Goodness me, one minute it was New Year and now it’s Valentine’s Day. It would be fair to summarise what is known of St Valentine as ‘nothing’. Mmm, our favourite sort of saint, a tabula rasa upon which splendid amounts of stuff can be projected; including, since at least the fourteenth century, stuff about love. Chaucer is commonly credited/blamed for coming up with the link between St Valentine and what I’m afraid I tend to think of as ‘lurv’, but as any fule kno, ‘first surviving mention in writing’ is not necessarily the same as ‘first mention.’ Actually, I’d go a bit further here and bet you a fiver that Chaucer is definitely not the inventor of St Valentine as a mini-love god. Chaucer (like Shakespeare) is a user of snippets and trifles that his audience already knows. His genius lies in what he makes of his material, not in the originality of his sources (originality being an uninteresting and dubious commodity to the mediaeval mind).
But right now we are stuck with Valentine as the patron saint of tacky cards, scentless roses and supermarket meal deals involving fizzy wine and chocolate. Pausing only to wonder why everything has to be pink, I think we can do better. If all will go ill for you should you not mark February 14th by a display of devotion – passion, even – then let me recommend the seductive power of words. Here, then, is the NorthernReader Indispensable bookshelf for lovers.
Let’s start with the master. I have been promising for a very long time now to try to persuade you to love John Donne, and now the moment has come. I do not have a hard task on my hands. Try the first line and a half of ‘The Good Morrow’:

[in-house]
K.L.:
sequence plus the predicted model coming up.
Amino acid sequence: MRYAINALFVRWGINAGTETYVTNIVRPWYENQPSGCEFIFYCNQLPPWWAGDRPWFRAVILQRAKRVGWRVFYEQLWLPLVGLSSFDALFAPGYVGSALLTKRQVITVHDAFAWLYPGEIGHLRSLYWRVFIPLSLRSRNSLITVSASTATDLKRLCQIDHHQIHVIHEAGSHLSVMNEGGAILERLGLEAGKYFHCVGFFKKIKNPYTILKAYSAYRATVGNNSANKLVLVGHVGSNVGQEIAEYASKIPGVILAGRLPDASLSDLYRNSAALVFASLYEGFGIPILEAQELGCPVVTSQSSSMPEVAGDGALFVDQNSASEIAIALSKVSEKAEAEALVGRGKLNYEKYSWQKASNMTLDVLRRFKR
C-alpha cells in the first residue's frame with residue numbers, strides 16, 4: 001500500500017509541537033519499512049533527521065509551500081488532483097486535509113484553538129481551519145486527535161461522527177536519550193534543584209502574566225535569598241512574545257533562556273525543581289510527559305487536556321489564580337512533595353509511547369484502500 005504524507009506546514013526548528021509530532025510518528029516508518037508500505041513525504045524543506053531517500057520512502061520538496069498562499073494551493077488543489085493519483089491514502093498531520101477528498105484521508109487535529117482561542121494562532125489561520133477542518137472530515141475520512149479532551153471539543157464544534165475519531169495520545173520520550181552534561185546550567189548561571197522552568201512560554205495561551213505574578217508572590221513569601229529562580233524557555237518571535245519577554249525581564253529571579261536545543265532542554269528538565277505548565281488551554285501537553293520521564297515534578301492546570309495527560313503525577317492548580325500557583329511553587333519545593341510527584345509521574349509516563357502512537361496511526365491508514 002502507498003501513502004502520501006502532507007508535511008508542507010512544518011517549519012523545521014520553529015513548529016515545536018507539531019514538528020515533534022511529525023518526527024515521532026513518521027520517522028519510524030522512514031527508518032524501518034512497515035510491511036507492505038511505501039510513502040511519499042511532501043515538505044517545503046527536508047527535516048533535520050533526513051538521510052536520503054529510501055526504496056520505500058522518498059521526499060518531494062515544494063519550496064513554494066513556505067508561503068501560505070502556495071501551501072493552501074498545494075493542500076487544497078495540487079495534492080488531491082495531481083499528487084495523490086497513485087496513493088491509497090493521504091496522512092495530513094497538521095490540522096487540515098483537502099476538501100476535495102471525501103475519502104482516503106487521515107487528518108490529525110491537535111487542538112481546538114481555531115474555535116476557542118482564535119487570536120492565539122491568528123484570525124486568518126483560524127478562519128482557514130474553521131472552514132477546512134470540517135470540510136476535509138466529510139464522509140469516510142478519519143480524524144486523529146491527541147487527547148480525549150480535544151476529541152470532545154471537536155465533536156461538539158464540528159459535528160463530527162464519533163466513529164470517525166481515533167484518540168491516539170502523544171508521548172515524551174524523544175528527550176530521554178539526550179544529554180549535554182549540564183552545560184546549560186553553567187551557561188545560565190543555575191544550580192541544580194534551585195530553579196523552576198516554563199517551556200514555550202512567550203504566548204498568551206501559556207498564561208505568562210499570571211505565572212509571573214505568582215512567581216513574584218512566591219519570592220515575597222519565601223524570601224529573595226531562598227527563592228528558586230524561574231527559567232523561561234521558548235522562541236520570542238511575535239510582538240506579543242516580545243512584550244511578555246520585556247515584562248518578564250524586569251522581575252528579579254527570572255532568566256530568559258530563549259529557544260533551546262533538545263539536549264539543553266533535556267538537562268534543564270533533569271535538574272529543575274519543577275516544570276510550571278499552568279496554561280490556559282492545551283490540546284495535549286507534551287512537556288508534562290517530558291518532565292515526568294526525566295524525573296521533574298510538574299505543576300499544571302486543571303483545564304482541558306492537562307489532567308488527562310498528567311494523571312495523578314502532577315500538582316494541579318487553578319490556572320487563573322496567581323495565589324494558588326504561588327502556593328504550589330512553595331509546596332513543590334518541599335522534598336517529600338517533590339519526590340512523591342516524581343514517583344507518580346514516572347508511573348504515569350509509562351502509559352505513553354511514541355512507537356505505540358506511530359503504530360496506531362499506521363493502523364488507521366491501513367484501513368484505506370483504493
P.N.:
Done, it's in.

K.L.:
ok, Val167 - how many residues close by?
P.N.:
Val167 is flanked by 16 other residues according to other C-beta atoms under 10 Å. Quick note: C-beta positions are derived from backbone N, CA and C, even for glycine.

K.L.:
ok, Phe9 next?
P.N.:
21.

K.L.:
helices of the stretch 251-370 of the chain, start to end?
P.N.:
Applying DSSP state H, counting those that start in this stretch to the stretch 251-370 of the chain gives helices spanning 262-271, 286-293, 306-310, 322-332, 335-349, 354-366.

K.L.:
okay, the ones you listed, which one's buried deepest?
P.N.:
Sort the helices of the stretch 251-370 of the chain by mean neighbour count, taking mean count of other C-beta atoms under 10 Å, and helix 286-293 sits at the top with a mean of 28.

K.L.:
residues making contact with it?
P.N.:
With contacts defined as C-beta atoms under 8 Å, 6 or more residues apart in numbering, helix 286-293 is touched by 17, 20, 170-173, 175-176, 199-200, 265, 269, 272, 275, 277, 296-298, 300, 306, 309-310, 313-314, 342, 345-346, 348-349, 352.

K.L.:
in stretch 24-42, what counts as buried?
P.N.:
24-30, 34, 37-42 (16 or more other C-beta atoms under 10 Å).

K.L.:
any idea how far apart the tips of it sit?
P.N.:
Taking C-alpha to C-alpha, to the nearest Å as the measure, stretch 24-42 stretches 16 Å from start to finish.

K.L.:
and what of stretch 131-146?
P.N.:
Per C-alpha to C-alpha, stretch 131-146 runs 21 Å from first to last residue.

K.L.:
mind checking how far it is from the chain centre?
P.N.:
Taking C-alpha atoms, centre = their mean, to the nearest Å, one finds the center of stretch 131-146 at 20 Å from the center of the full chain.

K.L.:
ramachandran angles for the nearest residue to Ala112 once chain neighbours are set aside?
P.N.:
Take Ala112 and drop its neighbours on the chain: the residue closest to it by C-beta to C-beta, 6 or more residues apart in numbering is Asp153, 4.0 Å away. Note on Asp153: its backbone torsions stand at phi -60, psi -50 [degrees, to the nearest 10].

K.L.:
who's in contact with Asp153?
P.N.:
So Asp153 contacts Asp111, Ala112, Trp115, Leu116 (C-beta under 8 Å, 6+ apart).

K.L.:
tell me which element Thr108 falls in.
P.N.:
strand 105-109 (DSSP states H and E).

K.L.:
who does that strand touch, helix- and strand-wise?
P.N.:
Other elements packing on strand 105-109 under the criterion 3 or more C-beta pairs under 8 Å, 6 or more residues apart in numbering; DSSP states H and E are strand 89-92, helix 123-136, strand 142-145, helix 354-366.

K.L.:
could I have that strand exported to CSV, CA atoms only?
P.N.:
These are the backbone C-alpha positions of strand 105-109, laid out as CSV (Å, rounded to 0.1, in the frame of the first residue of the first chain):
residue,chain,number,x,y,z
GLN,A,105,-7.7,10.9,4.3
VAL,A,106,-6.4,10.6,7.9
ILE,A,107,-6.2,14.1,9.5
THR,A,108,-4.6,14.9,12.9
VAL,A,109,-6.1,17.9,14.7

I wonder by my troth, what thou and I
Did, till we loved?
Lovers take note: there is no-one alive who would not give their eye teeth to have you gaze at them across the breakfast toast and marmalade and say that. Before you, nothing; since you, the whole world. Or as Donne puts it:
My face in thine eye, thine in mine appears,
And true plain hearts do in the faces rest
Or try this, from ‘The Sun Rising’:
She’s all states, and all princes, I,
Nothing else is.
It’s the fabulousness of those thumping slowed-down syllables in the second line that catches at the heart. Shakespeare of course, and others too, could put into words that overwhelming realisation that everything, from climate change and global terrorism to putting the bins out and the cap back on the toothpaste, fades into invisibility in the face of all-absorbing love: but no-one but Donne could do it in four spare beats (a trochee and a lovely, stretched-out, lingering spondee should you be feeling metrically inclined). One more, although I know you must – couldn’t possibly not be – hooked already. This is from ‘The Anniversary’:
Only our love hath no decay;
This no tomorrow hath, nor yesterday,
Running it never runs from us away,
But truly keeps his first, last, everlasting day.
Add some Marvell, some Auden, some Browning (her and him) and, yes, Shakespeare’s sonnets too, and our Bookshelf for Lovers will have made a fair start.